Morgan State University (MSU), the largest HBCU in the state of Maryland — known for its lavish homecomings, prominent scholars, and even an occasional late night party — also has a rich legacy in the Civil Rights Movement.
At this year’s convocation and other campus events, MSU honored the legacy of hundreds of former Morgan State students who played a pivotal role in the sit-in movement seven years before the widespread launch of the tactic.
Back in 1953, Morgan State students were lining up daily at a lunch counter in Read’s Drugstore in Baltimore, demanding desegregation. A manager or waitress would try to lure the daily protesting bunch from their seats by reading Maryland’s trespassing statute. The students didn’t budge.
Picketing, sit-ins, and hundreds of arrests eventually led to some changes in segregated Baltimore. As a result of Morgan State’s relentless student activism, in 1955 owners of Read’s Drugstore opened their lunch counter to Blacks; in 1959 Arundel Ice Cream also began to change their practices.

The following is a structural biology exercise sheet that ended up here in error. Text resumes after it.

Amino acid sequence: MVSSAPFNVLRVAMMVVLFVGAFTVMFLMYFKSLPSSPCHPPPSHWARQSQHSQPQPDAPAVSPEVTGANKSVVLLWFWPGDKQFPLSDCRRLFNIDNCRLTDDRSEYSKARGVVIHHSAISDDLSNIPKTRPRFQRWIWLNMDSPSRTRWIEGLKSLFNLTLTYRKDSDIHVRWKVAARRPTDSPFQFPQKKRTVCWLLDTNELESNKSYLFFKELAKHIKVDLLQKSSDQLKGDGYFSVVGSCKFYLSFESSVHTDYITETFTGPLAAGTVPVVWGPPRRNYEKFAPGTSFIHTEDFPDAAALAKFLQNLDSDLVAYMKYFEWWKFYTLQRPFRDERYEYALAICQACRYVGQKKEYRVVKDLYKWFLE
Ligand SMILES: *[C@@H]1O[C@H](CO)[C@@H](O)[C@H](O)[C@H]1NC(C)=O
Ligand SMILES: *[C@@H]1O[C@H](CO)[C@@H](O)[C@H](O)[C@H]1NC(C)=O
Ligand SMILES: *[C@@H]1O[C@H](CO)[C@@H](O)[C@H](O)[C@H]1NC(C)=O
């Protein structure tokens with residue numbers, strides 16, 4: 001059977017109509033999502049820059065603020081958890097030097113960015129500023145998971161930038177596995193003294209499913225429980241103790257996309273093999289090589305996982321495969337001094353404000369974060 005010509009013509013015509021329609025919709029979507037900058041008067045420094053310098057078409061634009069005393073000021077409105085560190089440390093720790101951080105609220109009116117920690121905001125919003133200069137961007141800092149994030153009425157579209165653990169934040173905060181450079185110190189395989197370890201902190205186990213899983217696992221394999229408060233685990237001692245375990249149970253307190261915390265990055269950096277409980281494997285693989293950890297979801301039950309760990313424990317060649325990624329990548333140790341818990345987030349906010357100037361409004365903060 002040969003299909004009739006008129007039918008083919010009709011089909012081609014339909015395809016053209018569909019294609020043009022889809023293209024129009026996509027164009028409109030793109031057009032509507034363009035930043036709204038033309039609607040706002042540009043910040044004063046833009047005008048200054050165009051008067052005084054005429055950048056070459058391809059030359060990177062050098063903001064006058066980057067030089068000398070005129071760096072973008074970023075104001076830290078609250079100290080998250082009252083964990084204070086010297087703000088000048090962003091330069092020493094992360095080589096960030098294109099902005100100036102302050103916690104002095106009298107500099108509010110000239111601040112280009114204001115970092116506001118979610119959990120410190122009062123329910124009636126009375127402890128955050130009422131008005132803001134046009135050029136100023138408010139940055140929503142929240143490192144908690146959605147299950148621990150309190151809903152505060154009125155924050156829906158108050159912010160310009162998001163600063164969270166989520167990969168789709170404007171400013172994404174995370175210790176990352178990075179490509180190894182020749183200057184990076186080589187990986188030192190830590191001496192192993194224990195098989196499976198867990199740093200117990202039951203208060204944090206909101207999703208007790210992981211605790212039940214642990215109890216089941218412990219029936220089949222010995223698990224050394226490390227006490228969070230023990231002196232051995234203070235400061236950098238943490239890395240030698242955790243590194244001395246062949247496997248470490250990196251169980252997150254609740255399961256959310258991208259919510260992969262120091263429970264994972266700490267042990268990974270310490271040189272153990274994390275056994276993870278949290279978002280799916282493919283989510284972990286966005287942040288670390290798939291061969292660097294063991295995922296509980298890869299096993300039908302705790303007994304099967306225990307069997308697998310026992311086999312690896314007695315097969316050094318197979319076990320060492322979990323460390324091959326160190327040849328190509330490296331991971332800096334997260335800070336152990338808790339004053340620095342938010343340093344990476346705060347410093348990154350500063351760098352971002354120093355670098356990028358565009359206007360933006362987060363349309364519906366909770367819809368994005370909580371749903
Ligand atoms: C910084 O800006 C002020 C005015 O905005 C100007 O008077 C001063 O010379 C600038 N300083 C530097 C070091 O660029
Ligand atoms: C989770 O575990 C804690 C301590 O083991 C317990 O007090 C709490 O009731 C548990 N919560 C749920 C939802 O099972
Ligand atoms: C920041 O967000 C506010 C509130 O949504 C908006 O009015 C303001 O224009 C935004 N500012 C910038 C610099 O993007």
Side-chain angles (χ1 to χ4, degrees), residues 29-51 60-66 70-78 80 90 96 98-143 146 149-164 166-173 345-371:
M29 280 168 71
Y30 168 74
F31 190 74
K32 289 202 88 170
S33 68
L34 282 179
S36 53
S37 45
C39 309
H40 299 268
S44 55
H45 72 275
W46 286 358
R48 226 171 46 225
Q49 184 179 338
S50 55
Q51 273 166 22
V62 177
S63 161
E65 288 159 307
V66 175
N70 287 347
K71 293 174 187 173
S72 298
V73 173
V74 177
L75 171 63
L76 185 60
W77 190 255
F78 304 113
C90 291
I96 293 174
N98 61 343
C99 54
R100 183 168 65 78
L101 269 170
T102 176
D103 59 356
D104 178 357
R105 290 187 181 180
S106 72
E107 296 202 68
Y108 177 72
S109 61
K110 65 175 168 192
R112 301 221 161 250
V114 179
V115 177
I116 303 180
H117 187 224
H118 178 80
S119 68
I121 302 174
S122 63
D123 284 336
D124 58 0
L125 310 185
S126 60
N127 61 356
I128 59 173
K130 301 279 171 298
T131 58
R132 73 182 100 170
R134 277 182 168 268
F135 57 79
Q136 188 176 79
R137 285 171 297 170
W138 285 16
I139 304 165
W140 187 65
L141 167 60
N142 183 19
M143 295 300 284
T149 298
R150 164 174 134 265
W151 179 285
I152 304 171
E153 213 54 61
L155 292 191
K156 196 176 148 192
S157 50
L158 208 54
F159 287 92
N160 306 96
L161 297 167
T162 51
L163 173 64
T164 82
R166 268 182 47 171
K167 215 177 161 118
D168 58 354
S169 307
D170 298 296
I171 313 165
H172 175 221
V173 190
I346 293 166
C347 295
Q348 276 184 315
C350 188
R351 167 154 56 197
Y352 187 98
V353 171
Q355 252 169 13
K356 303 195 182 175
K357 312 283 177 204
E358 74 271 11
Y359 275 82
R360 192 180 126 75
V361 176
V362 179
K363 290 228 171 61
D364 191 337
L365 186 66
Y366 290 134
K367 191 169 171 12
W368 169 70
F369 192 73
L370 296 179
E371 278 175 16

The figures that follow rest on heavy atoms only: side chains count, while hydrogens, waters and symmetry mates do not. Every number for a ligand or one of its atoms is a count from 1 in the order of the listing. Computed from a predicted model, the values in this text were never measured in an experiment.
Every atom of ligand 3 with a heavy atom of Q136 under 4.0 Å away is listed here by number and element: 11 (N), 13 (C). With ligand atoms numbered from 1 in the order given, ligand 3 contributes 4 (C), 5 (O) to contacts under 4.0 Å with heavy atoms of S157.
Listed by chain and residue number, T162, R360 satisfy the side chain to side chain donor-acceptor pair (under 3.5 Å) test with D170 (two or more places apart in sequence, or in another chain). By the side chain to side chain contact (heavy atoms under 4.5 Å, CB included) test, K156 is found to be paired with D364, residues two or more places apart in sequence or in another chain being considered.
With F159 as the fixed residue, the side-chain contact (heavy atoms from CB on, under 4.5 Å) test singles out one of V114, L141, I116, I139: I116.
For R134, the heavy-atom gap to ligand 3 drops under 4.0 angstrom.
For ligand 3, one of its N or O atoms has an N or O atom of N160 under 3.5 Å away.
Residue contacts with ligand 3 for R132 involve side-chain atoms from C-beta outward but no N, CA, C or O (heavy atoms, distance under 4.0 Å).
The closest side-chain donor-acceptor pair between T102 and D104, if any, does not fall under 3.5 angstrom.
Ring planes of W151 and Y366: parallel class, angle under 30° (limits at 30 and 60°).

This year’s festivities, surrounding the commemoration of the brave MSU alumni, were accompanied by a range of students, faculty, visitors, and influential Black leaders from around the country. A list of attendees included John Lewis, the Freedom Rider-turned-congressman; Maryland Rep. Elijah Cummings; Lt. Governor Anthony Brown; and Baltimore Mayor Stephanie Rawlings-Blake.
“It is important that our students know the legacy of their school and whose footsteps they are walking today,” said MSU President David Wilson as he stood at the unveiling ceremony of the recreated lunch counter at Read’s Drugstore. Along the walls near the lunch counter exhibit is a stunning pictorial display that takes viewers on a tour of Civil Rights activism in Baltimore from 1947-1963.
University of Maryland law professor Larry S. Gibson, the person responsible for the timeless exhibit, donated his collection to MSU and it will remain in the main hall of the University Student Center.
While speaking to a crowd at Morgan’s campus Gibson said, “Finally we’re going to get some history straight.”